The holiday season may not be the best time for Texas residents to go through a divorce or separation. This may be especially true for those who have kids. However, parents should be aware that children generally react in the same general manner as they do. Therefore, it may be possible for adults to have some control over how they and their kids react to the impending change.
In Texas and across the United States, children who split their time between separated parents benefit from the structure and predictability that comes from consistent rules between two residences. While family lawyers do not generally counsel clients on child rearing, assistance is often given to help divorcing parents find common ground and work together in providing guidelines for their child to follow.
When a Texas couple gets a divorce, the two individuals may still have to work together for some time if they had children. For some parents, this can be extremely difficult especially if the other parent is toxic. While parents can be toxic for a plethora of reasons, including being an abuser, being an addict or being a narcissist, there are some tips available that parents can use to make the situation less stressful.
Texas parents who are undocumented immigrants and who think there's a possibility that they might be deported might want to know how to protect their children. Across the country, parents who feel at risk are turning to child custody orders to ensure that their kids will enjoy stable lives.
A El Paso resident may be concerned about a younger sibling's safety with the biological parents and wonder how to get custody of the sibling. The first step might be for the person to try to talk to the parents and convince them to give up custody of the child. If the parents do not agree, the older sibling must persuade a court that the child is experiencing abuse or neglect and is in danger. Courts are otherwise reluctant to separate children from their biological parents. If the court is convinced, the older sibling may still struggle to prove independence and the ability to care for the child.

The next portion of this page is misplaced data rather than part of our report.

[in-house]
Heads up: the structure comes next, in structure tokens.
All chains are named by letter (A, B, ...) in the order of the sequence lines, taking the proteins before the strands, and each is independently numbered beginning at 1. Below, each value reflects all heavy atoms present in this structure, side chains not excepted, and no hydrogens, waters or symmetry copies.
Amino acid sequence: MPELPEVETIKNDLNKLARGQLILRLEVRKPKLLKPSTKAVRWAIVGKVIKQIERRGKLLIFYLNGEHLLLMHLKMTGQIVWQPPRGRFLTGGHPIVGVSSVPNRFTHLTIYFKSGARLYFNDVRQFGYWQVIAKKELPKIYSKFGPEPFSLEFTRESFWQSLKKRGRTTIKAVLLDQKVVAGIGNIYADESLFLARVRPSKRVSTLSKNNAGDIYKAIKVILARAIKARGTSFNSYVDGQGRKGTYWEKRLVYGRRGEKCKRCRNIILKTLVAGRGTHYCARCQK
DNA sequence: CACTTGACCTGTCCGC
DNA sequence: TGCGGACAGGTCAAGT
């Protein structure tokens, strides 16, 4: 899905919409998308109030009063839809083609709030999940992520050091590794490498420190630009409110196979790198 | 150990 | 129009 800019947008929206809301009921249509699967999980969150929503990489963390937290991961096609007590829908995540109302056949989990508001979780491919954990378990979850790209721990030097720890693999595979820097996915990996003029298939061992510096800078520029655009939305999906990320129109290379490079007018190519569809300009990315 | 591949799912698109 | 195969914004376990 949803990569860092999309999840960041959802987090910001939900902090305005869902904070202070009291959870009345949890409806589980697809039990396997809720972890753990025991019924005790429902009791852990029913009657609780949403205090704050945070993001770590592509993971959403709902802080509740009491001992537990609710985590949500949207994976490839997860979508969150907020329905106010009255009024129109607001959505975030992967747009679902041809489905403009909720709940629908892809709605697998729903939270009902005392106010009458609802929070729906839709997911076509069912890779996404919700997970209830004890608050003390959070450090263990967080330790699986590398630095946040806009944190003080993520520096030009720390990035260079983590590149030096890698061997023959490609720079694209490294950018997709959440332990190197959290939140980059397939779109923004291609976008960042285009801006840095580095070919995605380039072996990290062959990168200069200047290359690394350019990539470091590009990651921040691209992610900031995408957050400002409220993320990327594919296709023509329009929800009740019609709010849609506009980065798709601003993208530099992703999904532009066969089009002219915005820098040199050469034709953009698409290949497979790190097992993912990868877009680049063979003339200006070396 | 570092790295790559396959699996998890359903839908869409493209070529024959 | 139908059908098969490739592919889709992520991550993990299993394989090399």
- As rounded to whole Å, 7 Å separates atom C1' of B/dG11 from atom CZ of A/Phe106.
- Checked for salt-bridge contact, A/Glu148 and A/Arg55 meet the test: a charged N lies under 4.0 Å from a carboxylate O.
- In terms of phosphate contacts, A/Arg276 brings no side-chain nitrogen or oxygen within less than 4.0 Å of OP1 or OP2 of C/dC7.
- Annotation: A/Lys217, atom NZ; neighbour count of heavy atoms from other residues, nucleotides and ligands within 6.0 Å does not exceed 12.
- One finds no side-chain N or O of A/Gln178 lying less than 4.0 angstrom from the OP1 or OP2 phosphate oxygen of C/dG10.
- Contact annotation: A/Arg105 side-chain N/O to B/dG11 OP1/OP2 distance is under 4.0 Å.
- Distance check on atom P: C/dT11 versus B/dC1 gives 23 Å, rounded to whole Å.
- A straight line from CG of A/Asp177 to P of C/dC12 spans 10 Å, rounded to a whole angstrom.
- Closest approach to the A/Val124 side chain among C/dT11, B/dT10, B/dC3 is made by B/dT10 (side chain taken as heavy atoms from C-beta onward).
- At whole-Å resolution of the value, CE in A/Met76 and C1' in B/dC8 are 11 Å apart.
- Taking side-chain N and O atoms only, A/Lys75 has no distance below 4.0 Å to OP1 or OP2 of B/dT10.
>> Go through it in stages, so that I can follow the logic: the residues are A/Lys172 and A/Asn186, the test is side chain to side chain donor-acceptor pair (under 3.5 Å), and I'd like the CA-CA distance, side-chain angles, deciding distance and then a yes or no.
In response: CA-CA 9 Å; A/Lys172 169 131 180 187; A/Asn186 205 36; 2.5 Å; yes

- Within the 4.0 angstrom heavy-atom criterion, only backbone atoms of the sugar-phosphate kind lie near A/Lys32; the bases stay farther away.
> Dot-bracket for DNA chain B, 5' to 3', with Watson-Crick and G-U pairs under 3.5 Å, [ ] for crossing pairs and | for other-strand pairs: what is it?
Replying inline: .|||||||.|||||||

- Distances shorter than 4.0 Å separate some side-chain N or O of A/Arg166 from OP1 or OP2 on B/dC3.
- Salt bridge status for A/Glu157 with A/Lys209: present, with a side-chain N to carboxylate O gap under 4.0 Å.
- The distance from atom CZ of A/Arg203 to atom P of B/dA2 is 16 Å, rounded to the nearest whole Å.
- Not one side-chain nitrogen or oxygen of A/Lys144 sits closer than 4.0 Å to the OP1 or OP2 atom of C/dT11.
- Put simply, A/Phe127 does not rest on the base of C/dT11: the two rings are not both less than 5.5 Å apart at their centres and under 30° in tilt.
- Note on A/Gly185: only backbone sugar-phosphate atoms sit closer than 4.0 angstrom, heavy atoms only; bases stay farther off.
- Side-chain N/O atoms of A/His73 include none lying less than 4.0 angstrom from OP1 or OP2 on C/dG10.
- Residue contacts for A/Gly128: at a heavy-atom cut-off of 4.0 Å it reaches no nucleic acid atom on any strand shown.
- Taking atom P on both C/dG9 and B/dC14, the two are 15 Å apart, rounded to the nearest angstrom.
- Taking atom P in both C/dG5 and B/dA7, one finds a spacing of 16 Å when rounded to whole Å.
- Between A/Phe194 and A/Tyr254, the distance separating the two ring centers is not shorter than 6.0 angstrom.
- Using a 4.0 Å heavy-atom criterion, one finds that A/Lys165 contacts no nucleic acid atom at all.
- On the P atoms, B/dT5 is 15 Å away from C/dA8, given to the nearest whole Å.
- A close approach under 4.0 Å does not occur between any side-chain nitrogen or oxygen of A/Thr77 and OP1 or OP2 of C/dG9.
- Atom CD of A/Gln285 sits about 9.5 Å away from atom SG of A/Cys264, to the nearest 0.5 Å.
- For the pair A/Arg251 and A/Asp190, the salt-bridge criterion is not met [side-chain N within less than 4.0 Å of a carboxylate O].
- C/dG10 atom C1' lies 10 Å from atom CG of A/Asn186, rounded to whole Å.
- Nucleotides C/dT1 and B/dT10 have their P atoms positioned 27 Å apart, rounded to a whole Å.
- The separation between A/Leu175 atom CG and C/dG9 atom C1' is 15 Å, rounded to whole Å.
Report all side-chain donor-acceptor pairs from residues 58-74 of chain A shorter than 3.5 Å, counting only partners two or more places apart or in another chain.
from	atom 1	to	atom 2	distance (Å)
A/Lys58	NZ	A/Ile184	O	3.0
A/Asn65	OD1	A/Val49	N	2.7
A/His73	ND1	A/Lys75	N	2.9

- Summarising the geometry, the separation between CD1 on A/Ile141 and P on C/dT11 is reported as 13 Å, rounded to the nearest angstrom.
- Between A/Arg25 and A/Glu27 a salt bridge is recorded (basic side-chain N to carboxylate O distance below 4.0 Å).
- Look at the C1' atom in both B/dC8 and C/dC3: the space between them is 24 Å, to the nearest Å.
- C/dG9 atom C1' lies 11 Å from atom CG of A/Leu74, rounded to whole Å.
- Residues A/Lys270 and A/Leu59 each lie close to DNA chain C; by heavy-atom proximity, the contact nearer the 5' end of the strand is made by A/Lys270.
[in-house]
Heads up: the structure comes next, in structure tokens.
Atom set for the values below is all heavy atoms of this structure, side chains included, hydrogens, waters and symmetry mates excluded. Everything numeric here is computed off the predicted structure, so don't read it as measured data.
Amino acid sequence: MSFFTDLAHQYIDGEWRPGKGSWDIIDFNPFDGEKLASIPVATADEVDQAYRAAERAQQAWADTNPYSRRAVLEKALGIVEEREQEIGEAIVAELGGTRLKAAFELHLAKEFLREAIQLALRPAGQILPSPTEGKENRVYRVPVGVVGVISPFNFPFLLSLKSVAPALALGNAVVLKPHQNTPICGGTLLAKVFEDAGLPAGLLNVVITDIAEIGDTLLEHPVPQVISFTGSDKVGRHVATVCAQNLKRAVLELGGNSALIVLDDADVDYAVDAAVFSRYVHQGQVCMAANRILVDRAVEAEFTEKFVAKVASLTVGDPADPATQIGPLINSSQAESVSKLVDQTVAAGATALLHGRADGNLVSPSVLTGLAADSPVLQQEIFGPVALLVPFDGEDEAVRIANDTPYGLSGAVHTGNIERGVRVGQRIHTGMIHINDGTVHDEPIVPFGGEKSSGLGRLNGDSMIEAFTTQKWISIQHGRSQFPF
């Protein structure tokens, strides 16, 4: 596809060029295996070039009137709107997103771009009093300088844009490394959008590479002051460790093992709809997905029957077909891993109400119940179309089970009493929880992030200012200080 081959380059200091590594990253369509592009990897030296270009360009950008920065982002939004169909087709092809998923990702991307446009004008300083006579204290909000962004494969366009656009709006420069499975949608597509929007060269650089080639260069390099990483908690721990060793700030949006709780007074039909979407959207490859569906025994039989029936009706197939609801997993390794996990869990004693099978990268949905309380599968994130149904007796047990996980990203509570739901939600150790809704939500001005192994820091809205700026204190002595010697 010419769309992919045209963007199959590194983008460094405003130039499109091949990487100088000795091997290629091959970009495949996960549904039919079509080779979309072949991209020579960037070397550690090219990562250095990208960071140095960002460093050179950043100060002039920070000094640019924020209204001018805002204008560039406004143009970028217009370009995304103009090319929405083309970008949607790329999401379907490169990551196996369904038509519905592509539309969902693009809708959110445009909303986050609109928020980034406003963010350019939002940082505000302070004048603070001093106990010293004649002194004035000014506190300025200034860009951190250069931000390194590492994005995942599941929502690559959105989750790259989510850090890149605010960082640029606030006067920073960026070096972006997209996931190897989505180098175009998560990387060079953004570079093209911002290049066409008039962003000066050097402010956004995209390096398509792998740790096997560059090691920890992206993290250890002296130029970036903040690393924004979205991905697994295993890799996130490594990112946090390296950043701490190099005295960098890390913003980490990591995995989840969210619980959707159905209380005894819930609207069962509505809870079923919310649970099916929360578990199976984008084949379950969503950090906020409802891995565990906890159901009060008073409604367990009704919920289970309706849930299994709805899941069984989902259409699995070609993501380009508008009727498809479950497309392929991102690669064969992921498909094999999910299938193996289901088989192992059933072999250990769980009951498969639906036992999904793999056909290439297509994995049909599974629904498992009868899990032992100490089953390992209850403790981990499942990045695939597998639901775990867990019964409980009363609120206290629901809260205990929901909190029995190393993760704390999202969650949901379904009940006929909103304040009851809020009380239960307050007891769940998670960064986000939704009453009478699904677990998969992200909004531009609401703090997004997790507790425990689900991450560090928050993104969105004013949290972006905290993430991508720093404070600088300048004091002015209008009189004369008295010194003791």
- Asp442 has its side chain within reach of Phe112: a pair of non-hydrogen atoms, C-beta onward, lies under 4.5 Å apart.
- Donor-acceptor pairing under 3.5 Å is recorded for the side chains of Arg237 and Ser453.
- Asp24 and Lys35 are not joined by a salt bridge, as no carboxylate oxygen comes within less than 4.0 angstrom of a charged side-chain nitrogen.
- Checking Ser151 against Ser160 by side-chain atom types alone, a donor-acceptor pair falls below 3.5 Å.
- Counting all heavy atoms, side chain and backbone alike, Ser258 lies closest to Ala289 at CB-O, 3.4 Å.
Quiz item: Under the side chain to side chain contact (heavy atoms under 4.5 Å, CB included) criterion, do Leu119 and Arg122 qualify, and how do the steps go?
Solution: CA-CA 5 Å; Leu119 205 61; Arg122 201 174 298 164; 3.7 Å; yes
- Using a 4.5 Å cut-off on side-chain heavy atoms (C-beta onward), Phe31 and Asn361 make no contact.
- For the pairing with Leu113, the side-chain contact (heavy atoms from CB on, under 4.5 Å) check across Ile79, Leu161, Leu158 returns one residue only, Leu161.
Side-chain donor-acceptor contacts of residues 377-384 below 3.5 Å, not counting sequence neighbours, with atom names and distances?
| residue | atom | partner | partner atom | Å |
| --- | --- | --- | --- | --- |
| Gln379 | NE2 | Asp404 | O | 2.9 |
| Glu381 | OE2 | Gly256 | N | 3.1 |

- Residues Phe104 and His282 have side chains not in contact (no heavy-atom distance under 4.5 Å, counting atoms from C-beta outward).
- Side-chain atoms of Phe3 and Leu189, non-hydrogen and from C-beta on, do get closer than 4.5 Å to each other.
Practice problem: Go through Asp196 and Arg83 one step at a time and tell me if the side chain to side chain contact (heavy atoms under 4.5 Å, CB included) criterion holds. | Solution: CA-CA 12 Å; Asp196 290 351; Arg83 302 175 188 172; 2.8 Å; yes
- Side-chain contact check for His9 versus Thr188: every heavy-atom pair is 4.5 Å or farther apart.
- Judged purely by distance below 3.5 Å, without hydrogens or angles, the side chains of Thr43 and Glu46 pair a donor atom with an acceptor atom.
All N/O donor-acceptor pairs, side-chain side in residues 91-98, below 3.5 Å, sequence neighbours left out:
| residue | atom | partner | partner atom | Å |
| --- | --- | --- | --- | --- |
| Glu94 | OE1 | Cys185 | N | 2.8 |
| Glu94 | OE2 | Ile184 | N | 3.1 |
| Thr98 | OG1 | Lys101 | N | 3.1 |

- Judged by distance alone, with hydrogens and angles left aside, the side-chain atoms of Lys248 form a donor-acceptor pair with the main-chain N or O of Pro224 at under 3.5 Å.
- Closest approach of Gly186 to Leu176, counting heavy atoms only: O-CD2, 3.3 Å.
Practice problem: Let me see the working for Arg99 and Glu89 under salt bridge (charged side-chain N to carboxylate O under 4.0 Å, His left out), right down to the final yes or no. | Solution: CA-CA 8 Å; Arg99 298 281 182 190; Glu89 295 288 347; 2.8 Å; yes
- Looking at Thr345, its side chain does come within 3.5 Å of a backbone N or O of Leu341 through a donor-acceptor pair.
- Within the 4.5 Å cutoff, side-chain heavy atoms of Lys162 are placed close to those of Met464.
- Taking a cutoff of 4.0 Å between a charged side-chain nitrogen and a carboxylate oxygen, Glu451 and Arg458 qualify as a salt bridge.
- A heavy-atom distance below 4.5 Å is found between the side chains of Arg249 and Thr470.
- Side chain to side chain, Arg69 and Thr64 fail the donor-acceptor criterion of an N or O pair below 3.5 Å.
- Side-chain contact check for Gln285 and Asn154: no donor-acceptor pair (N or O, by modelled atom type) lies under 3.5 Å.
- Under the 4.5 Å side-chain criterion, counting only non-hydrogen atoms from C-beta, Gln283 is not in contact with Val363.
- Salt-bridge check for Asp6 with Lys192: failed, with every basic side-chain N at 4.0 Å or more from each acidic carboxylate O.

Texas family courts are reluctant to place restrictions on noncustodial divorced parents who want to text, call or FaceTime their children, except in cases in which neglect or abuse may be present. Parents who do not want the other parent to do so should know that without a court order, they are unable to legally block the other parent from communicating with the child.
When a couple divorces or splits up, custody of a child is normally given to one parent, and the child usually lives with this parent. The determination of custody is made with the best interest of the child in mind, and although custody can be changed, it will not be done so unless the change is also made with the child's best interests being the reason for making the change.
A parent in El Paso who is getting a divorce may also be heading into a child custody battle. If possible, it is best to avoid this. The parent might be unhappy with the judge's decision, and a compromise in which both parents agree to share custody might be better. However, if a court case is unavoidable, there are steps a parent can take that may increase the likelihood that they will win custody.
In many divorces, child custody is one of the most contested issues, resulting in costly and litigious court battles. However, this may not be the only choice for your family. If you want more control over what happens to your children, it is time to explore alternatives to a traditional custody arrangement, such as a co-parenting plan. Co-parenting may offer your family the ability to custom-tailor a custody arrangement that protects the best interests of your family.
When noncustodial parents receive notice of a court hearing, there are some important things that they should know about the process. By understanding the rules, Texas parents can avoid multiple potential problems.